Can Things said in Open Court Be Repeated Outside of Court?

Posted on February 25th, 2016 by Centennial Law in Going to Court

Limits on privacy expectations for Family Court records were considered by the BC Court of Appeal in Chellappa v Kumar.  (2016 BCCA 2)  In that case, a child protection social worker employed by the British Columbia government testified for Ms. Chellappa.  The trial judge commented critically about the social worker’s conduct in relation to the family law case – and the social worker was fired.  His union grieved his dismissal.

In preparing for the grievance arbitration, a government representative asked Mr. Kumar to provide documents from the family law file.  He provided several, including a transcript of the social worker's testimony at trial.  Ms. Chellappa applied to court seeking to prevent the use of these documents.

The decision of the court was that Ms. Chellappa "enjoys no overriding, right of privacy in regard to material filed in her family law case.”  The Court further stated that it is possible for a Supreme Court judge to limit access to a family law file but "such an order is contrary to the open court principle and is an exception to the general rule."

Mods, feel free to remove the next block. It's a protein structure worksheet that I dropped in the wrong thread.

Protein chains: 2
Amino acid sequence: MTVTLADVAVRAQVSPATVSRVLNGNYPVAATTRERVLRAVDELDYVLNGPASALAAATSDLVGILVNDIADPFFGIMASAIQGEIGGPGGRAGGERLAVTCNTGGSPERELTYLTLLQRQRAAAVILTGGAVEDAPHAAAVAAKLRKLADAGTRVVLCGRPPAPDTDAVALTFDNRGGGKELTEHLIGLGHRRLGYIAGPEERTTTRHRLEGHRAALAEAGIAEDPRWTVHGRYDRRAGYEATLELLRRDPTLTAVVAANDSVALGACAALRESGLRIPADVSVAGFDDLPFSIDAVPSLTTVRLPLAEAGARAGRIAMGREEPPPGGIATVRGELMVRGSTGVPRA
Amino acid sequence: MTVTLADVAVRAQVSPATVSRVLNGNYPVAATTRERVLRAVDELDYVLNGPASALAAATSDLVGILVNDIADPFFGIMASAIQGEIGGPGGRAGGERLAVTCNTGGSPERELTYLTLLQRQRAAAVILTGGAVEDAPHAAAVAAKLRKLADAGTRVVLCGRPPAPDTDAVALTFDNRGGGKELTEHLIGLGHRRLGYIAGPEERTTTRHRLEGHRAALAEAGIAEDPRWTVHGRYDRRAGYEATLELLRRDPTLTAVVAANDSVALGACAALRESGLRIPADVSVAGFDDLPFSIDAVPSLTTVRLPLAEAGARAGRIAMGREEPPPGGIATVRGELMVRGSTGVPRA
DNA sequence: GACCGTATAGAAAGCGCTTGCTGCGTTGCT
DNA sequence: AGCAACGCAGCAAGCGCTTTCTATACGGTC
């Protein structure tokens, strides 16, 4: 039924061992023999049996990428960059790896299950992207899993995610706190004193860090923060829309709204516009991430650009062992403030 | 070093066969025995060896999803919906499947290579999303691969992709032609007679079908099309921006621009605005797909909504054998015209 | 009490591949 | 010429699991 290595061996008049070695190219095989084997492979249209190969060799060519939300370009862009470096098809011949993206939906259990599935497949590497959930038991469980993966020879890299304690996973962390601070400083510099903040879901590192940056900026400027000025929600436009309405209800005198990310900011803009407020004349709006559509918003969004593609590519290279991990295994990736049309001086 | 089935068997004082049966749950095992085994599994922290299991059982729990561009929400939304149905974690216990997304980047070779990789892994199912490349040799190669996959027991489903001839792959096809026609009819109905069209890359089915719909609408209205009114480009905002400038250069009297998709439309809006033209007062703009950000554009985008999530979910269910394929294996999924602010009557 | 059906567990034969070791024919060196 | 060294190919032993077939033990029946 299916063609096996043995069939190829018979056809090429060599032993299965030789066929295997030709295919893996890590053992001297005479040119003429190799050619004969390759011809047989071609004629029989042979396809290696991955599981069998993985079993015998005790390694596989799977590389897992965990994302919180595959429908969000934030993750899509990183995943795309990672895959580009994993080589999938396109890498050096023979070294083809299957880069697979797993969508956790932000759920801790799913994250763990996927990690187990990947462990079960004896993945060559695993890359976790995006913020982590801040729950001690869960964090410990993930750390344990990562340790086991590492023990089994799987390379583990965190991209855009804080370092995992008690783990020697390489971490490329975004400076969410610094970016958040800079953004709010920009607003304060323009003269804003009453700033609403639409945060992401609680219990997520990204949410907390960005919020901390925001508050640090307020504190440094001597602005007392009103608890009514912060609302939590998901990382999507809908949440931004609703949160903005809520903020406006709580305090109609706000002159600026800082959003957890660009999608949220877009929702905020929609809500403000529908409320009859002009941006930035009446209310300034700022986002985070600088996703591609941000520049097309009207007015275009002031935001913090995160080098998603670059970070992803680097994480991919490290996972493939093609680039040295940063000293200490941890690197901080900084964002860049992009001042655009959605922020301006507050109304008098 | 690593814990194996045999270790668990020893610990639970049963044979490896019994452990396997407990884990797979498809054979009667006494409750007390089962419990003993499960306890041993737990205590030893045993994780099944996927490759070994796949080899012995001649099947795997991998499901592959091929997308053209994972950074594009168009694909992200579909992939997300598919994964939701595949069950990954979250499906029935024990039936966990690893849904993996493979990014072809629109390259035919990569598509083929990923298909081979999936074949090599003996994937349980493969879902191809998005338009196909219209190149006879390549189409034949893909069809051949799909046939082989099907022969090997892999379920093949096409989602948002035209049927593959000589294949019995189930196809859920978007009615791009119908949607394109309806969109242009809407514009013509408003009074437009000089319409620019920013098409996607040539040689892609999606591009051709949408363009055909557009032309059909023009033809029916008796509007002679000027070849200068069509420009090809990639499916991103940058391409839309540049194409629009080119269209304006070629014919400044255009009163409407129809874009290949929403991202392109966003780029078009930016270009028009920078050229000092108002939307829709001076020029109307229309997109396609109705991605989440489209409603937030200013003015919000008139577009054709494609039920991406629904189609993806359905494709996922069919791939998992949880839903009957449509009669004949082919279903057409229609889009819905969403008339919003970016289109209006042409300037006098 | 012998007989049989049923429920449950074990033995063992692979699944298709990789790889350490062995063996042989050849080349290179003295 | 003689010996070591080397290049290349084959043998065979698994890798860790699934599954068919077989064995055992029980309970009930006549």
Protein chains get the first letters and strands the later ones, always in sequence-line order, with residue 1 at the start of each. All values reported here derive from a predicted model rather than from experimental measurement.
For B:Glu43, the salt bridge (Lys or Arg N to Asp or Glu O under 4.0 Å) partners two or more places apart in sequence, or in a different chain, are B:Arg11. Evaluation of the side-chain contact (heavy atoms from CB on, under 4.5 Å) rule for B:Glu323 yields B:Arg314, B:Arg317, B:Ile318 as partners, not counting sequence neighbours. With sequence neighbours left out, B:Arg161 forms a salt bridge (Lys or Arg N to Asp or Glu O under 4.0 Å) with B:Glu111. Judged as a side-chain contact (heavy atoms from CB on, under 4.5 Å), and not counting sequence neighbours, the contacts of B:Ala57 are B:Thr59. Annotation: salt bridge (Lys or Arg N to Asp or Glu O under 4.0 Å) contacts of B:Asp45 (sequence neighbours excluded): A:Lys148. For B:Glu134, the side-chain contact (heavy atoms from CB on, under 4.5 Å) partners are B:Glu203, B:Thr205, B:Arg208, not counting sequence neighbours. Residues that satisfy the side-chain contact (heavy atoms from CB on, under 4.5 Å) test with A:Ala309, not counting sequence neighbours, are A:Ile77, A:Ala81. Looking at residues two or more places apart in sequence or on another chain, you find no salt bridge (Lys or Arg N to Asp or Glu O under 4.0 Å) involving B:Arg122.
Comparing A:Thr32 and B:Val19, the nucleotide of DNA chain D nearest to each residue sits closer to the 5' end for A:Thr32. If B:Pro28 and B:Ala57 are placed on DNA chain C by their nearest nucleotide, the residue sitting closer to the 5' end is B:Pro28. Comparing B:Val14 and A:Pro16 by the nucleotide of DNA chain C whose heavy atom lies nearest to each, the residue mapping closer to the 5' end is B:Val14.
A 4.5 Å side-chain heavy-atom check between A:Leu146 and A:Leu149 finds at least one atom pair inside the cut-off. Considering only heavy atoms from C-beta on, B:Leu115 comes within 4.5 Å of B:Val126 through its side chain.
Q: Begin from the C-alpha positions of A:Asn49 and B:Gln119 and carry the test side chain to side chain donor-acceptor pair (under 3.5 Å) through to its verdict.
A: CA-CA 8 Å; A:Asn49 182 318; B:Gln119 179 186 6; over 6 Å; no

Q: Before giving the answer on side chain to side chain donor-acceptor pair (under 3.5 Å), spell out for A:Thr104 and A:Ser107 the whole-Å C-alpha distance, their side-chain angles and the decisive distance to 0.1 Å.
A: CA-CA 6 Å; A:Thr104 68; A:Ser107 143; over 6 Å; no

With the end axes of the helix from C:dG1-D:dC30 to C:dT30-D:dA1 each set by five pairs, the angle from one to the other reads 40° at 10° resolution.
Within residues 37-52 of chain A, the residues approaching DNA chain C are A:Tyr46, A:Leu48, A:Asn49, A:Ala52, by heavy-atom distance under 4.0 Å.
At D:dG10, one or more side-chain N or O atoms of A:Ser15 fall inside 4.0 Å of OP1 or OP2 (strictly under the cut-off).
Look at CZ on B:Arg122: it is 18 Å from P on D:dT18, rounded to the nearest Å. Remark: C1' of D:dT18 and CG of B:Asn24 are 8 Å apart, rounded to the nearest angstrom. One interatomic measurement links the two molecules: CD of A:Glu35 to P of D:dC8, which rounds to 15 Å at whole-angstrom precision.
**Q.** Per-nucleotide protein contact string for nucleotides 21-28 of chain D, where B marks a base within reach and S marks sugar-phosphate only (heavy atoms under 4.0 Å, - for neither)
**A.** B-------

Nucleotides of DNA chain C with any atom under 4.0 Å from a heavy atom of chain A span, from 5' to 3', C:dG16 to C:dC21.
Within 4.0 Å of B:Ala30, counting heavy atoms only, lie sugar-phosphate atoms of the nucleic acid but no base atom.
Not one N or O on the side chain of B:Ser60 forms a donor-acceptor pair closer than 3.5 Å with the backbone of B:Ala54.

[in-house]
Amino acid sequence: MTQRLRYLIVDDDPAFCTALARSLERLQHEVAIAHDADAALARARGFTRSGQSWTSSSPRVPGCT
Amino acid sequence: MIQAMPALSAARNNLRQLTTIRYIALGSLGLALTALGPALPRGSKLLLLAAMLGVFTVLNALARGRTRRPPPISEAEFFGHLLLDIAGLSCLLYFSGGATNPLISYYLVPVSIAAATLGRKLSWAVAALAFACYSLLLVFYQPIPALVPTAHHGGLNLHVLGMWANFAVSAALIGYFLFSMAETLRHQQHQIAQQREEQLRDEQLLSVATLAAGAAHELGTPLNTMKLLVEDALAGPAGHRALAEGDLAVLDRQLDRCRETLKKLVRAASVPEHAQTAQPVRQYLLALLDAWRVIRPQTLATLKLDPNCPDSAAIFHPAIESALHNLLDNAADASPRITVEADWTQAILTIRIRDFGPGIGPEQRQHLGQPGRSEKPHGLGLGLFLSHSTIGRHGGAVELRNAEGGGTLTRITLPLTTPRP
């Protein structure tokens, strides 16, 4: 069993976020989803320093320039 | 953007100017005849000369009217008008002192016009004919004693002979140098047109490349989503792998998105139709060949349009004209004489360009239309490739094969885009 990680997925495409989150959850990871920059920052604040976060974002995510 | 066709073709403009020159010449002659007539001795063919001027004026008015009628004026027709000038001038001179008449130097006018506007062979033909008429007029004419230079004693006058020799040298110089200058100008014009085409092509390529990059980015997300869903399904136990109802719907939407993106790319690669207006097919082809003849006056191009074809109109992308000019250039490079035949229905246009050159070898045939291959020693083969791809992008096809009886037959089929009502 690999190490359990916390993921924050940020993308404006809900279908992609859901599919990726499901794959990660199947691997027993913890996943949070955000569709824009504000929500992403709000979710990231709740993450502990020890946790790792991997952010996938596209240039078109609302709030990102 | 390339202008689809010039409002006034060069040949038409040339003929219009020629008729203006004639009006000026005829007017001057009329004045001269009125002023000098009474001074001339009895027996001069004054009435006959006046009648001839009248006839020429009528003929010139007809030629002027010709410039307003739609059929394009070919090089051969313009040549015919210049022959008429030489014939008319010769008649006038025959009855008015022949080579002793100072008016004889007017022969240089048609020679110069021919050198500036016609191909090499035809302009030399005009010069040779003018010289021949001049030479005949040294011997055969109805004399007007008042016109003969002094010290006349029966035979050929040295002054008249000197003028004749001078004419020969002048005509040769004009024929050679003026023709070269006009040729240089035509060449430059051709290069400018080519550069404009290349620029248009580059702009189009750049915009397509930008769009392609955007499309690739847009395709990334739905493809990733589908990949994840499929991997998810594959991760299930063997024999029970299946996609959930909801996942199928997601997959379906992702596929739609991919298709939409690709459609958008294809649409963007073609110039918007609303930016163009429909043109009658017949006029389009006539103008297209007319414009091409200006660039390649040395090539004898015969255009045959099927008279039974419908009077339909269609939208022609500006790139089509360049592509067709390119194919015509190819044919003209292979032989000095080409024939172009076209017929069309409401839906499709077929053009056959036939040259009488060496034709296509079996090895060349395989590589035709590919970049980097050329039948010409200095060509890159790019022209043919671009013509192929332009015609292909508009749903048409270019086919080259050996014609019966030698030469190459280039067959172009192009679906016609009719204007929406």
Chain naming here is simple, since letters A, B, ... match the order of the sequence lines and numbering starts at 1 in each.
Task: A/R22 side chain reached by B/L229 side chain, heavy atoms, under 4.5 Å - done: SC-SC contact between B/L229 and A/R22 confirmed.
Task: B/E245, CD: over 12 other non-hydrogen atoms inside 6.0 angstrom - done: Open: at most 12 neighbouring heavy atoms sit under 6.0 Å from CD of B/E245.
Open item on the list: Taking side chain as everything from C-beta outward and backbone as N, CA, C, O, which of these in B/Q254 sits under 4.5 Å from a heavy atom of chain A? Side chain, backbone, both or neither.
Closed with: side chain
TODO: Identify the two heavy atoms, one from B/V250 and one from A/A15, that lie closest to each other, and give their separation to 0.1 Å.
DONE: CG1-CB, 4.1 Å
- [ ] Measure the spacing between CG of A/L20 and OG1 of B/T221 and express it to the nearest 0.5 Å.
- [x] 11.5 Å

Occasionally, you may hear about people in the public eye who settle family law cases - even on less than ideal terms – rather than go to Court, in order to avoid public disclosure.  They do so because of the open court principle. They could also submit the matter to arbitration. Proceedings in an arbitration do generally enjoy the protection of privacy.  The only catch is that arbitration will only occur if both parties agree to go that route.

Article written by Centennial Law Corp. (Douglas E. Dent)

The specific facts of any real life situation can have many unforeseen legal implications. As a result, please note that the general information found in the above article should not be treated as legal advice.